A couple of years ago I switched my residential internet service with Comcast to their business class, due to their bandwidth limit on the residential service and the fact that I use Carbonite and back up a lot of data, which would have put me over it most months. At $59.95 a month it isn’t a whole lot more expensive than the residential price, and you get Norton Business Suite free, which makes it more than worth the extra cost (it’s faster, too). But here’s my question: I have heard others say that after your contract period is up, Comcast really jacks up the prices on you. Does anybody know if that is true? I signed a three year contract that will be up a year from next month.

    • Sergio September 26, 2013 Reply

      That is true, that happened to me, this is the answer they gave me: The Blast Plus promotion you signed up which started 9/25/12 was $39.99/mo for 9 months. Then it goes up to $59.99/mo for months 10-12. After 12 months, regular rate of $79.95 will apply.

    • karl August 29, 2014 Reply

      yeah. my bill just jumped $30.00 and i wasnt even notified anything was changing. and i went from almost 60Mbps to 42Mbps.

  3. Maestro January 27, 2014 Reply

    Good list, but I see it’s from 2011 so probably needs to be updated. Calera ( is the top ISP in my area. Your list should take into consideration rural ISPs like HughesNet. There’s no way they didn’t make this list!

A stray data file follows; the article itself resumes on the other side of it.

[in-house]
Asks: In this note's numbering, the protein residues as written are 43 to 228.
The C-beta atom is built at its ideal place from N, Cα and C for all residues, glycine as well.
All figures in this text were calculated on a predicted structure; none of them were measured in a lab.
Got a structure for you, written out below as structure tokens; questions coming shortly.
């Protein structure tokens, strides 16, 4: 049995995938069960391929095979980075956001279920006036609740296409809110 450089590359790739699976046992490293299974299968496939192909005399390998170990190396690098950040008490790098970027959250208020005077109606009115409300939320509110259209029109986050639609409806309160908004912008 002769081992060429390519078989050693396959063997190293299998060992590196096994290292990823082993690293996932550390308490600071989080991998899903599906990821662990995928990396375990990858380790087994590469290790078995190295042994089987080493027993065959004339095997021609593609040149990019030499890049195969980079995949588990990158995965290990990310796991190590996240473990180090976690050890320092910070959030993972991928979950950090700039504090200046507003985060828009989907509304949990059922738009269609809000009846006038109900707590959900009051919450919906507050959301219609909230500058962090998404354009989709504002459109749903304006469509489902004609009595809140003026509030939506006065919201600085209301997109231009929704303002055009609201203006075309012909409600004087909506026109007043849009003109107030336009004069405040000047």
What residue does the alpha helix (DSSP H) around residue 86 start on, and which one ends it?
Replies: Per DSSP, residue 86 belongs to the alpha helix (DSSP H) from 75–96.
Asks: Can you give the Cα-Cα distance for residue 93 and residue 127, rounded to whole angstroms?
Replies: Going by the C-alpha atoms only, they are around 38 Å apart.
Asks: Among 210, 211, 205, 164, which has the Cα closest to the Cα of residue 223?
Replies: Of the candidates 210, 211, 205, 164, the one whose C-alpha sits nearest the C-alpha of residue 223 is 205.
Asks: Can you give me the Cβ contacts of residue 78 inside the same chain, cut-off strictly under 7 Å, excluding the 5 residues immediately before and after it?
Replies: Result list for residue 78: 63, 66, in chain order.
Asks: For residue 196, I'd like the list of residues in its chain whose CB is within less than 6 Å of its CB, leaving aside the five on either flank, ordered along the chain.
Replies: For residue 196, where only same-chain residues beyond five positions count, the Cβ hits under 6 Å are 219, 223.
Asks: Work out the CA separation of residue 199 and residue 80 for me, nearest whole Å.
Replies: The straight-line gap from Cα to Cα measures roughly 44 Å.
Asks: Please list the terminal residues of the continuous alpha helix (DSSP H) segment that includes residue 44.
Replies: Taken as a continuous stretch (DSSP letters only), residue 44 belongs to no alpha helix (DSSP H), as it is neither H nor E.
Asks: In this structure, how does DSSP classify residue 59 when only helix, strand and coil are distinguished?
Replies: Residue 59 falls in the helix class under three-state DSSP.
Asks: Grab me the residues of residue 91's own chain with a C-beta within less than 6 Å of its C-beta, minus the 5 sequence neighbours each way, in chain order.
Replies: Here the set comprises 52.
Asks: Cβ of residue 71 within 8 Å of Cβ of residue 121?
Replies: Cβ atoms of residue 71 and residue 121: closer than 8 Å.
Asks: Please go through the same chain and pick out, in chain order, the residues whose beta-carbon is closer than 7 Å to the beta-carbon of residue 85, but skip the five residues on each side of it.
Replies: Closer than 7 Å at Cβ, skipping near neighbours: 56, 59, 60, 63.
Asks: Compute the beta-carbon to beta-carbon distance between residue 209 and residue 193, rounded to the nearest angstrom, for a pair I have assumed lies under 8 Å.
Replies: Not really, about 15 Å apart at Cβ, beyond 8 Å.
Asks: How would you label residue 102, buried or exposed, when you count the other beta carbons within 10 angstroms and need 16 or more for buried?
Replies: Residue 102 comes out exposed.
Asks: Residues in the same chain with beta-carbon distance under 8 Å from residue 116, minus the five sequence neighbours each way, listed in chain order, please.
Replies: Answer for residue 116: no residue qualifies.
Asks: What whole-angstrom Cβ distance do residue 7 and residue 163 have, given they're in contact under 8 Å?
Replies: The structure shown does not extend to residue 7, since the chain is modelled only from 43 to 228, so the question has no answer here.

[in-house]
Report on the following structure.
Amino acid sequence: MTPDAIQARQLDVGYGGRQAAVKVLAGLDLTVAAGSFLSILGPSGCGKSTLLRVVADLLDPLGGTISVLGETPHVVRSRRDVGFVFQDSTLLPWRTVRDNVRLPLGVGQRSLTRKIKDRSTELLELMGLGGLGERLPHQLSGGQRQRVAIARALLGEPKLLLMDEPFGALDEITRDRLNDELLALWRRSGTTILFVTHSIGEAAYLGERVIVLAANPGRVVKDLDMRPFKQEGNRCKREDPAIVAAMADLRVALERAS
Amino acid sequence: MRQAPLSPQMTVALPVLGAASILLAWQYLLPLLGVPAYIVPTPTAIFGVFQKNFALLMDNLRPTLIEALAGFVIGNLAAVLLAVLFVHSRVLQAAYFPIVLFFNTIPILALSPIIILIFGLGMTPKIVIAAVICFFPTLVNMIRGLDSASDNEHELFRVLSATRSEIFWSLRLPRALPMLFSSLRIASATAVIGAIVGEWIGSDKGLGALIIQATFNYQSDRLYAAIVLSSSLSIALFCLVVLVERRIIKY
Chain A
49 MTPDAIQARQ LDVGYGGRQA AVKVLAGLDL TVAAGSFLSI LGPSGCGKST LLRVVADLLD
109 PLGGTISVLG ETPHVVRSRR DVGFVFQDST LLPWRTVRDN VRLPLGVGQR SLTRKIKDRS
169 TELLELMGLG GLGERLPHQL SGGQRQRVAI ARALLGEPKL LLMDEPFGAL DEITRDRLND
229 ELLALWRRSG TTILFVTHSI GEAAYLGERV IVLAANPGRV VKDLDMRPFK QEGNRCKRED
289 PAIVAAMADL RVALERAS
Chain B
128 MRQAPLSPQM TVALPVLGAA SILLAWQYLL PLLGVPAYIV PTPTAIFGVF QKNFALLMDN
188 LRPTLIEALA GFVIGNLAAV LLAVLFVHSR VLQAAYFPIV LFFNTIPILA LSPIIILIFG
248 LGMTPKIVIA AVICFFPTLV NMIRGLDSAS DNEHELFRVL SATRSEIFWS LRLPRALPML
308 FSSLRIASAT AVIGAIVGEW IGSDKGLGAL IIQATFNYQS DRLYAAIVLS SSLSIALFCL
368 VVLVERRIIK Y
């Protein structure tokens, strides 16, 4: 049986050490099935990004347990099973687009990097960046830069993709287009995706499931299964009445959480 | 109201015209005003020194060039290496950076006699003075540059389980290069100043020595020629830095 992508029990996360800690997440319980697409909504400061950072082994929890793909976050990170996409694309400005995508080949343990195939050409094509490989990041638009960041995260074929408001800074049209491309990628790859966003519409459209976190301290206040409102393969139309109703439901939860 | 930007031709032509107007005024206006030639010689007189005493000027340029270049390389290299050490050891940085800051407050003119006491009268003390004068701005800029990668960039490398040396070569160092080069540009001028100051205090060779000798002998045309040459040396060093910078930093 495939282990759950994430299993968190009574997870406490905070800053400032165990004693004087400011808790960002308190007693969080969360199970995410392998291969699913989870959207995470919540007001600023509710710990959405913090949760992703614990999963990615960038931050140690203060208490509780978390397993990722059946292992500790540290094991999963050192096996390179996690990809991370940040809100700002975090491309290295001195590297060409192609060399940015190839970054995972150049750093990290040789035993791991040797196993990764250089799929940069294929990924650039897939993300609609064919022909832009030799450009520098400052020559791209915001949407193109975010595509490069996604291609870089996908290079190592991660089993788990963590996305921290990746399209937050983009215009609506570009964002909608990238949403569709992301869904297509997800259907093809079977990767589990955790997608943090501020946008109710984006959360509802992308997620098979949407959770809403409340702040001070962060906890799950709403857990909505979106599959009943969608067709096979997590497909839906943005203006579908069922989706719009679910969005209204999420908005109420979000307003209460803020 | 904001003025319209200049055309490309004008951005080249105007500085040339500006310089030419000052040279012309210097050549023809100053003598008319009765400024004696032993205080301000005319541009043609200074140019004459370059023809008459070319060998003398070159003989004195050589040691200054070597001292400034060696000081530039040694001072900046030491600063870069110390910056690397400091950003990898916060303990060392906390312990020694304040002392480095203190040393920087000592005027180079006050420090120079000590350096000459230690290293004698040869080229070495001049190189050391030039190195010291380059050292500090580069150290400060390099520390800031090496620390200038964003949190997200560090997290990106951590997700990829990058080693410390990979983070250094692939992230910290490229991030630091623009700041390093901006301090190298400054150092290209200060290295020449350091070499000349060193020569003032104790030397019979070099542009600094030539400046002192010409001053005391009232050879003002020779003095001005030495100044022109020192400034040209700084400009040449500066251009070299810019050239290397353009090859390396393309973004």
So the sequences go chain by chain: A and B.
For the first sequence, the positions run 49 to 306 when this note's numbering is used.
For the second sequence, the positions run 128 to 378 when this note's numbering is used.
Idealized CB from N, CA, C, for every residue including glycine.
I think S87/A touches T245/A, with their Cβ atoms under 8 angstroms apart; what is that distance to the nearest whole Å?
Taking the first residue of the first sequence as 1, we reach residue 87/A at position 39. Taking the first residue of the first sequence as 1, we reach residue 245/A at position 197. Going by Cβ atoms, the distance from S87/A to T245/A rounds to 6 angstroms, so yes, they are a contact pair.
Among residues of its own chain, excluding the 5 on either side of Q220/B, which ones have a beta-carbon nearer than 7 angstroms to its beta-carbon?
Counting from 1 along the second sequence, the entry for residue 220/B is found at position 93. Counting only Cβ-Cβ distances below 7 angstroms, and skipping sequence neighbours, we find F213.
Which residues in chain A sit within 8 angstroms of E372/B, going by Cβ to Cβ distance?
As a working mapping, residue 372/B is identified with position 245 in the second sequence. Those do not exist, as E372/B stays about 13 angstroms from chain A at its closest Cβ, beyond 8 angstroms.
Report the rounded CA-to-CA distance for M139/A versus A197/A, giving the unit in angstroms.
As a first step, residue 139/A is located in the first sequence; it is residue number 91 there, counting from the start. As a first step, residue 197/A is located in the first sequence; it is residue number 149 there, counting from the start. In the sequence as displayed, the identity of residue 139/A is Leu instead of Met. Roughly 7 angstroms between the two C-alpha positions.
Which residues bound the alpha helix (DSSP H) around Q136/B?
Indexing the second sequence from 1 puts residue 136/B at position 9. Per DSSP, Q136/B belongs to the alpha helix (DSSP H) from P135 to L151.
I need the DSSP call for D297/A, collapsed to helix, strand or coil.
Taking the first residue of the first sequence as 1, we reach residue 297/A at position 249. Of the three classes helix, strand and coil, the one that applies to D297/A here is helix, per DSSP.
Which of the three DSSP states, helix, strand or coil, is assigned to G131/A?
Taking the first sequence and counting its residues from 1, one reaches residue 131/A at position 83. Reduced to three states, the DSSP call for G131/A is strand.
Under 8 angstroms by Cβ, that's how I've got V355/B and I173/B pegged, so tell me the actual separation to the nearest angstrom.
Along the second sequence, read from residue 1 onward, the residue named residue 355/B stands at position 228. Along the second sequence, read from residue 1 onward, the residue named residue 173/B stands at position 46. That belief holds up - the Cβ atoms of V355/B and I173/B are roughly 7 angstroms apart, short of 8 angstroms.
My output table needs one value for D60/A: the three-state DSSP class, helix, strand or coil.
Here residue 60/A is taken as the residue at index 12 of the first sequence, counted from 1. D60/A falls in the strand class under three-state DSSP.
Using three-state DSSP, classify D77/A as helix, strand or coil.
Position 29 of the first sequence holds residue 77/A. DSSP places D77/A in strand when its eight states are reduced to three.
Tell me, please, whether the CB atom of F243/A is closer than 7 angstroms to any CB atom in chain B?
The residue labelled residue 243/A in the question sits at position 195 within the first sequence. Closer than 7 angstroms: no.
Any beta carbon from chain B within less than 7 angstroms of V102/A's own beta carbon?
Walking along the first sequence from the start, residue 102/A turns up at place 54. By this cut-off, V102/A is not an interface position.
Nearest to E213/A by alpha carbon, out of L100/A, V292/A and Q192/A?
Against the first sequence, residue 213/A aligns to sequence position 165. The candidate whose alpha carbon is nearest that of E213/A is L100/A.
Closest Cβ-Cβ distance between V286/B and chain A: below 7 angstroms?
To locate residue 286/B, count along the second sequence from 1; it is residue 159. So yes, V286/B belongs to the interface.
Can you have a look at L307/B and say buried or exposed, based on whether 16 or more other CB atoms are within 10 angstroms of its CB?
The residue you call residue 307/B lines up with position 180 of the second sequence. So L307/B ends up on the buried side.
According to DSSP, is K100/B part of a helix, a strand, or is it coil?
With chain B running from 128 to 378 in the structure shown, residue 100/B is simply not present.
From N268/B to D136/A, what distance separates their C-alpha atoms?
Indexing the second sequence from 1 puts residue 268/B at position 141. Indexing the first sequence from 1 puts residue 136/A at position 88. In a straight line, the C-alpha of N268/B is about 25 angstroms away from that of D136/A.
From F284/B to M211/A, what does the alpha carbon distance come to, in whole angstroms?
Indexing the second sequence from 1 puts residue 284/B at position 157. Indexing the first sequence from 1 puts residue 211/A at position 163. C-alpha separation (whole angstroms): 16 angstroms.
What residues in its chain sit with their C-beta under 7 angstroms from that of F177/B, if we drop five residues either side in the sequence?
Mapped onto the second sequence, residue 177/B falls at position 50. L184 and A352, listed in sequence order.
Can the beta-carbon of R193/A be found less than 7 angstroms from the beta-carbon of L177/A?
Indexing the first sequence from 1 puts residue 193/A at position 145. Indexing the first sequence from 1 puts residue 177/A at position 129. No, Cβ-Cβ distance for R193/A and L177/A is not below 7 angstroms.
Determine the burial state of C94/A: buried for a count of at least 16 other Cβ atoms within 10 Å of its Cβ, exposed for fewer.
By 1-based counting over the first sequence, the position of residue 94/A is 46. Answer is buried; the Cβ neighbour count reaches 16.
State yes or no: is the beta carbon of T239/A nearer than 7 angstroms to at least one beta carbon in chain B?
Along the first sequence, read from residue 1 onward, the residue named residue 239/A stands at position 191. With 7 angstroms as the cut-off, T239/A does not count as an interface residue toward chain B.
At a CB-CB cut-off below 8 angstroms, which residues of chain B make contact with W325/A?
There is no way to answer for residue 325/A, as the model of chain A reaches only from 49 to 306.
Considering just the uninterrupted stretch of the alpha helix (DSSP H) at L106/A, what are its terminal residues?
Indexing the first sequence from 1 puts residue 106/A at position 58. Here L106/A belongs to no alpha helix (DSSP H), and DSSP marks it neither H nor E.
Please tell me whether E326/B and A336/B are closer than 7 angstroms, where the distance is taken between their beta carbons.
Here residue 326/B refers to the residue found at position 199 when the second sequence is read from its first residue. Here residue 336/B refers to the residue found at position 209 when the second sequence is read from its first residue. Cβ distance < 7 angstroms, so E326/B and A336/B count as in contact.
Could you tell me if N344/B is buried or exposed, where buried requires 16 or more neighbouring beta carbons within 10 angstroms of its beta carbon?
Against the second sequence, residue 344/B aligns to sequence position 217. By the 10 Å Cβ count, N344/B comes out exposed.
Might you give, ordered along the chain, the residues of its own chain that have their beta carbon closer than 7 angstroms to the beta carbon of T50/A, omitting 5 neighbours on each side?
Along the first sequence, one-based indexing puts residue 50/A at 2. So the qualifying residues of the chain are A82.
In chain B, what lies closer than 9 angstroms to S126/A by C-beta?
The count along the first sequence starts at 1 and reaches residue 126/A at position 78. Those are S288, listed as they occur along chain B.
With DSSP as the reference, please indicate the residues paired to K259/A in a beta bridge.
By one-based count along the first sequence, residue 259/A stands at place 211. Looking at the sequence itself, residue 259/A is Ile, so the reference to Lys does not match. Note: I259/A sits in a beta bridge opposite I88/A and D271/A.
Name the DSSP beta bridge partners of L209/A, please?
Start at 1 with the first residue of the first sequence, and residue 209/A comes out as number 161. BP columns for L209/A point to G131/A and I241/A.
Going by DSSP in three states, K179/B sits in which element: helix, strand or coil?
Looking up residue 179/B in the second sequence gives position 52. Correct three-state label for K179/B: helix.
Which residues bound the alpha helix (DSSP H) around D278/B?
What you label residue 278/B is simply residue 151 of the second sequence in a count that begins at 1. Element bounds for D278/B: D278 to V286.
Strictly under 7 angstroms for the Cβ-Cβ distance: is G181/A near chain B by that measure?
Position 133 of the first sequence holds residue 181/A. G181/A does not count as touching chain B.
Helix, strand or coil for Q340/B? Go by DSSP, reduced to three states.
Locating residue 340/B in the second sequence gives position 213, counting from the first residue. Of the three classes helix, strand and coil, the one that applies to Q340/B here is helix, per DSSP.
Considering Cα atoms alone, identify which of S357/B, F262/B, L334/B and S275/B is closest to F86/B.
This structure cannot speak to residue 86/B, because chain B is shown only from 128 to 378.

• jack March 10, 2014 Reply

      Besides what is happening currently with Comcast and TWC what is the next two most aggressive companies looking to obtain new subscribers. Welcome any input

    • John May 1, 2014 Reply

      Calera? Well, I looked at it – An entire 10GB, 20GB or 30GB a month? That’s a joke right?

  4. Mechelle February 6, 2014 Reply

    This website needs to be updated it’s 2014 now. I’m with Verizon and I pay for 75 down and 35 up. But, the speeds also depend on what a pc can handle. My DL and UL speed I get are actually 84/39 because of my pc capabilities.

    • Dee September 10, 2014 Reply

      What do you mean by 75 down and 35 up mean? Right now I have ATT DSL but according to a sales person, ATT is getting rid of their DSL and going to fiber optics. I do not like Verizon because they have terrible Customer Service as does Comcast